I didnt research the indecent but it sounds like the local authorities are responsible for allowing this ship breaker to work unsupervised.

    Here in the shipyard environmental officers are always enforcing regulations. Before a boat is broken up a " plan " must be submitted and approved.

    No need for new laws...I sure their are already hundreds of laws on the books that could have been used to avoid this problem.
     
  11. gonzo
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    gonzo Senior Member

    The problem is that many of these projects start without warning. By the time the EPA or whoever is suppose to approve the demolition finds out, the disaster already happened.
     
  12. philSweet
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    philSweet Senior Member

    Exactly. Except if there was a meeting on the subject by local govt. agents, the only reason anyone would show up would be to make sure it wasn't them that got held responsible. Of course it is easy to solve. It just isn't easy for a bureaucracy to solve.

    Go find a retired DA. Set them up with a corporation. Give that corp possession of any vessel siezed or otherwise acquired by any of several cooperating govt. agencies. Protect this corp from liability. Job of corp. is to contract the removal, salvage, sale, or otherwise get rid of said vessels. Corp requires bonds of all contractors, coordinates with govt. agencies such as EPA and OSHA, and reports on operations to the govt. Its called a Joint Public Private Venture and it can solve these sorts of preexisting troubles better than either side alone can. But you need a local, respectable person with first rate connections to head the corp in order to make it work. Govt. agencies tend to be really bad at selling stuff. They know how to purchase, but they are pretty much clueless when it comes to sales and marketing. And this is mostly about selling stuff.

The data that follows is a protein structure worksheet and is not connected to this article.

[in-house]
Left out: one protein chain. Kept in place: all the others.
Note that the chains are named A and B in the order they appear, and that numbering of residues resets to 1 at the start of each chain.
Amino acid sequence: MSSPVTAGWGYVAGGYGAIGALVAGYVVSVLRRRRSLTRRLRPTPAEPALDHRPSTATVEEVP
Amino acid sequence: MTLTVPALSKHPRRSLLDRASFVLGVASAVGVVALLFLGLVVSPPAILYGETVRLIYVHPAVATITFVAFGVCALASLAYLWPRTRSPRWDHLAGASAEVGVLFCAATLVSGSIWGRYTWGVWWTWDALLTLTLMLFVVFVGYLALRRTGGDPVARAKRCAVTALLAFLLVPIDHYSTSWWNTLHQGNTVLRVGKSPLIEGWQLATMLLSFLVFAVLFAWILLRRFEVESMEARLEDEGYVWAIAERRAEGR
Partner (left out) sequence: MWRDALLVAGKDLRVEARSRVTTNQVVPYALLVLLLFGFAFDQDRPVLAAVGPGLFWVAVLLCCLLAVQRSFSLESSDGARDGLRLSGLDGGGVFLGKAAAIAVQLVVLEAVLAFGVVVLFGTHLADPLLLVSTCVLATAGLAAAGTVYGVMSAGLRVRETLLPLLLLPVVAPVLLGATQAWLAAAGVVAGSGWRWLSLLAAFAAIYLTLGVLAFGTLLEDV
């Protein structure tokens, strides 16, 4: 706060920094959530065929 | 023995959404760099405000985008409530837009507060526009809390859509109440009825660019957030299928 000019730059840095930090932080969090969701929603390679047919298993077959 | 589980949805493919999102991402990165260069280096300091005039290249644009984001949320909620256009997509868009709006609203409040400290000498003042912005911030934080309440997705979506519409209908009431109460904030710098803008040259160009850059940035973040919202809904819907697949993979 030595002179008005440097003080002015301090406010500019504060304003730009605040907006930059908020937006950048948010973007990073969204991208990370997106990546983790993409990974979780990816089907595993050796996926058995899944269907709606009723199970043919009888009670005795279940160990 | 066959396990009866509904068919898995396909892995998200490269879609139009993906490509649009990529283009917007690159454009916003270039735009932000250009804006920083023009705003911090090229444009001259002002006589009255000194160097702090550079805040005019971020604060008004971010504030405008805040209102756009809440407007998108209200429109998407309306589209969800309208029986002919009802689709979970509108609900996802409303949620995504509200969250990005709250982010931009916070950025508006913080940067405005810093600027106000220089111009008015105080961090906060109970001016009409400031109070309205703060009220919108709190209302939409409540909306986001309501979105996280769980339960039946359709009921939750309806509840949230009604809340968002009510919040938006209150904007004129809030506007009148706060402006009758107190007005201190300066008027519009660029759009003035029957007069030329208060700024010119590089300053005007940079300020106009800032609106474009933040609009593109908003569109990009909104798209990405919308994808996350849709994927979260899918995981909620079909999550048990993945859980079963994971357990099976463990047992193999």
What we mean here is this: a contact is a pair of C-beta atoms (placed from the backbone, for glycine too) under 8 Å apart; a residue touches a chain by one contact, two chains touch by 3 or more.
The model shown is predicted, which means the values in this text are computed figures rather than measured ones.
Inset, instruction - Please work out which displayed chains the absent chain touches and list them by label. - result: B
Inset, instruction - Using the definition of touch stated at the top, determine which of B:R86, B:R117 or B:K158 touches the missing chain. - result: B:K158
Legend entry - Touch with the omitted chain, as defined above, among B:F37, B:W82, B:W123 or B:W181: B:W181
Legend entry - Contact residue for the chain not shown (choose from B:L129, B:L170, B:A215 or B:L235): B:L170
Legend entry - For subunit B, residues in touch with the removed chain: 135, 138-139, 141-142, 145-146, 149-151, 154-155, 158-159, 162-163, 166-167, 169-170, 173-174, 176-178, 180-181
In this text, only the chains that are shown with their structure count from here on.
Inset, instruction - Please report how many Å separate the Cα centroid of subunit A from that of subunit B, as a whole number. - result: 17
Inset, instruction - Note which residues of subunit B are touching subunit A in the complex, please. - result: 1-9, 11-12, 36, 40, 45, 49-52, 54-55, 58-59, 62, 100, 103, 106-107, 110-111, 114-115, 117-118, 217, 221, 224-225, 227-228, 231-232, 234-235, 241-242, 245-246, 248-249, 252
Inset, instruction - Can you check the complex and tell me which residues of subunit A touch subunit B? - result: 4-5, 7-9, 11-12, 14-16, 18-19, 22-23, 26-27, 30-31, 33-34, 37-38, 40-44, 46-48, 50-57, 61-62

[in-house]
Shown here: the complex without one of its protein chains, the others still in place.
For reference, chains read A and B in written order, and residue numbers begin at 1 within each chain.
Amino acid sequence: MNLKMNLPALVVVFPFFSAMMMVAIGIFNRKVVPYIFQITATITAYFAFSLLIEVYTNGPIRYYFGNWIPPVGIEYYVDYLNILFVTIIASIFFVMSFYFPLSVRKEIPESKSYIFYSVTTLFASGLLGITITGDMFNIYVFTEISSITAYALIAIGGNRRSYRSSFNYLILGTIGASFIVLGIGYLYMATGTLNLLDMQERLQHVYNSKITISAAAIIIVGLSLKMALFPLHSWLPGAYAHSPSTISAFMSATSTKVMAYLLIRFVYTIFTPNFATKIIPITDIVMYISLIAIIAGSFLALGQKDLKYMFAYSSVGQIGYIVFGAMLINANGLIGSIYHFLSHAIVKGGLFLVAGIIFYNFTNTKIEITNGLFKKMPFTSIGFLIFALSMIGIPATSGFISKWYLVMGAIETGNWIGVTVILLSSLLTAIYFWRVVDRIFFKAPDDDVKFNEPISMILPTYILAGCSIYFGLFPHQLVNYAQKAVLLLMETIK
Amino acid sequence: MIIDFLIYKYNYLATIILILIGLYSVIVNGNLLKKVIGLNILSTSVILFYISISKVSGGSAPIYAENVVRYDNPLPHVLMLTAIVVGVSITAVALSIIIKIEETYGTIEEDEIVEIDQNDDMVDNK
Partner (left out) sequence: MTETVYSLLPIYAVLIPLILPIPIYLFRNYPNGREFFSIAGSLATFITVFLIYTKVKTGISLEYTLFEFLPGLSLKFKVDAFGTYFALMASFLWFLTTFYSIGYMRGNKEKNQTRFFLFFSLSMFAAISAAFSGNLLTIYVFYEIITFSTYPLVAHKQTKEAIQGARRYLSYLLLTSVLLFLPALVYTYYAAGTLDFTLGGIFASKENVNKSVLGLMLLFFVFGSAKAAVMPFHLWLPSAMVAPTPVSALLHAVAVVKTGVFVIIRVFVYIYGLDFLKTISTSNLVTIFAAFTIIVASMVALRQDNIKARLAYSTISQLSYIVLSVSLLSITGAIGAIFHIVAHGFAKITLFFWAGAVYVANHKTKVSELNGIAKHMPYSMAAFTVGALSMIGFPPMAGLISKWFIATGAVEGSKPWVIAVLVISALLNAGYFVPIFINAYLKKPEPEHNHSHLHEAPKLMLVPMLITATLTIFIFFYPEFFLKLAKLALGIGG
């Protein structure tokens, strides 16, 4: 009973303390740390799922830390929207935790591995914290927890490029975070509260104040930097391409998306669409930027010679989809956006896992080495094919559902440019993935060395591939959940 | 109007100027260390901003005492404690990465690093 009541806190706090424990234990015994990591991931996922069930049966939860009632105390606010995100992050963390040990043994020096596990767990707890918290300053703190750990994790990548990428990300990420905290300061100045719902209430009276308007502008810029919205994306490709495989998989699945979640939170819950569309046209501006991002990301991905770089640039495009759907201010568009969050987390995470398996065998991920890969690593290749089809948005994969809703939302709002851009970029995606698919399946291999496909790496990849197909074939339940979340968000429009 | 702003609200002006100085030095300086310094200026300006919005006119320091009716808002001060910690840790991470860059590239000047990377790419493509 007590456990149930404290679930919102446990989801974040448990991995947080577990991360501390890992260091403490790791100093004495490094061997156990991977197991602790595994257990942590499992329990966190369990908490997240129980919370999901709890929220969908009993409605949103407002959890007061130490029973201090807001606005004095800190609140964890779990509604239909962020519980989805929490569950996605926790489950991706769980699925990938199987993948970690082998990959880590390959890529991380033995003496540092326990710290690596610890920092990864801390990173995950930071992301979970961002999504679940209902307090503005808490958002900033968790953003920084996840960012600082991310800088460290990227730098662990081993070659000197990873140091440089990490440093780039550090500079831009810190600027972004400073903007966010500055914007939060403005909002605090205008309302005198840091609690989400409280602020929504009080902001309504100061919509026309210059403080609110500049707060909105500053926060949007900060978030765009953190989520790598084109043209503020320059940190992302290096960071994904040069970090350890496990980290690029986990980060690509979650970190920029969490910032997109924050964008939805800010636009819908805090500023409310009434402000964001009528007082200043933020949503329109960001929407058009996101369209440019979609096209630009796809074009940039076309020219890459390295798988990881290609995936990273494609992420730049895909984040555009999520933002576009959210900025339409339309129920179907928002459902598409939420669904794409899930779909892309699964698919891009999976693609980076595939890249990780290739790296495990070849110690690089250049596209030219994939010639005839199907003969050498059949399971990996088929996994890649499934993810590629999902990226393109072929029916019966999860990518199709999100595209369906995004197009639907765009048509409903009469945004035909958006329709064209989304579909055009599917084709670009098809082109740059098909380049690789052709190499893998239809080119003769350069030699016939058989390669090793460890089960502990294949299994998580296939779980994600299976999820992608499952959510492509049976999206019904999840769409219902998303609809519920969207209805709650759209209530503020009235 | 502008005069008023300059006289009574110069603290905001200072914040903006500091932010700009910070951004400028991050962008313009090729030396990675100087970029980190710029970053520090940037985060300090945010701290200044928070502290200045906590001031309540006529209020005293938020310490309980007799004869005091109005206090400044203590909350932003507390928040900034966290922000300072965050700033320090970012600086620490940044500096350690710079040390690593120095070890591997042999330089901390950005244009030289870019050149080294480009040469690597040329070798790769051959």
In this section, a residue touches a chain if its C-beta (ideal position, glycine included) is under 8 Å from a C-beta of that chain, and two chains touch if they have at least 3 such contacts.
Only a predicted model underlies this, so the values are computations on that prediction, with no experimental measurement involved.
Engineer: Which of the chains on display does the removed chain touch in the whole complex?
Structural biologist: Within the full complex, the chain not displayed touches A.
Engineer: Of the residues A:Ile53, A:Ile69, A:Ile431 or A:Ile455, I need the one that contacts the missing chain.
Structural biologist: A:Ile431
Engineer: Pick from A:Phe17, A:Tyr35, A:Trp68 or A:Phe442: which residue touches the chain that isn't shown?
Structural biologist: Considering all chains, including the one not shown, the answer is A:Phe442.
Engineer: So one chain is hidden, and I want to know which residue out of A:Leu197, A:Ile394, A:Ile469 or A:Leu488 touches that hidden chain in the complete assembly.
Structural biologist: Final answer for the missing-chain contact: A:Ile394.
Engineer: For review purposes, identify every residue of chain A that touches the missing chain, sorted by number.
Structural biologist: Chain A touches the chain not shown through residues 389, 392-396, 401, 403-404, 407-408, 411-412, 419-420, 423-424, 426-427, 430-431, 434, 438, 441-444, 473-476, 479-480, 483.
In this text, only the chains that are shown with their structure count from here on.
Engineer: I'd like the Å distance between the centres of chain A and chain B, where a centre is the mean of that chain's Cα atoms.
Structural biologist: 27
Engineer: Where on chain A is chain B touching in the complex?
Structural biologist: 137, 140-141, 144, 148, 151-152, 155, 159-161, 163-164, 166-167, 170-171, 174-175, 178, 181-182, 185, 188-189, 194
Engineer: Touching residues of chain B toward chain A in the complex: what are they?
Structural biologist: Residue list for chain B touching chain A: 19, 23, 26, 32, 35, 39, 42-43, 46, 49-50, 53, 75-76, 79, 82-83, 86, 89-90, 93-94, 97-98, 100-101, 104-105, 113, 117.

Now if you hold a meeting of local govt agents, there is the smell of revenue in the air, and you could probably sell tickets.
     
  13. michael pierzga
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    michael pierzga Senior Member

    the regulatory system failed.

    The EPA, The Department of Natural resources, The Coast Guard.... should all have their noses rubbed into the mess.



    Conditions must be set for the buyer, the ship breaker or ship refitter...these conditions dictate the selling price of the shipwreck.

    A bond to cover any public cleanup expenses is logical.

    There must presently be whole books of laws that cover the decommissioning of ships.

    What I find disturbing is that the ship breaker used public property..the water.. without authorization or oversight.
     
  14. gonzo
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    gonzo Senior Member

    This is not Spain. What makes the USA successful is the dynamism of commerce and information.
     

  15. Petros
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    Petros Senior Member

    not quite accurate as I understand the libertarian position. Even libertarians that I know acknowledge that the government has a legitimate roll to play in pollution prevention and regulation. There is NO free market incentive to prevent pollution, so it will only be prevented if large fines are imposed when it occurs.

    The problem is that making the current owner, or even previous owners, liable, for accidents or misjudgements is you could make owning such ships large liabilities and you end up with them being abandon. This currently happens with properties that have potential chemical spills, even very old ones where there was no such laws in place. Making the current owner liable for such cleanups often makes real estate worst than valueless. Current owner allows it to be foreclosed to failure to pay property taxes and guess what? Taxpayers again end up paying for the clean up.

    They have to create an incentive or some other means to inexpensively dry dock and dismantle such ships, or you will see intentional fraud or similar "mistakes". Even if they put the salvage guy in jail, bankrupting him, it still does not clean up the water way.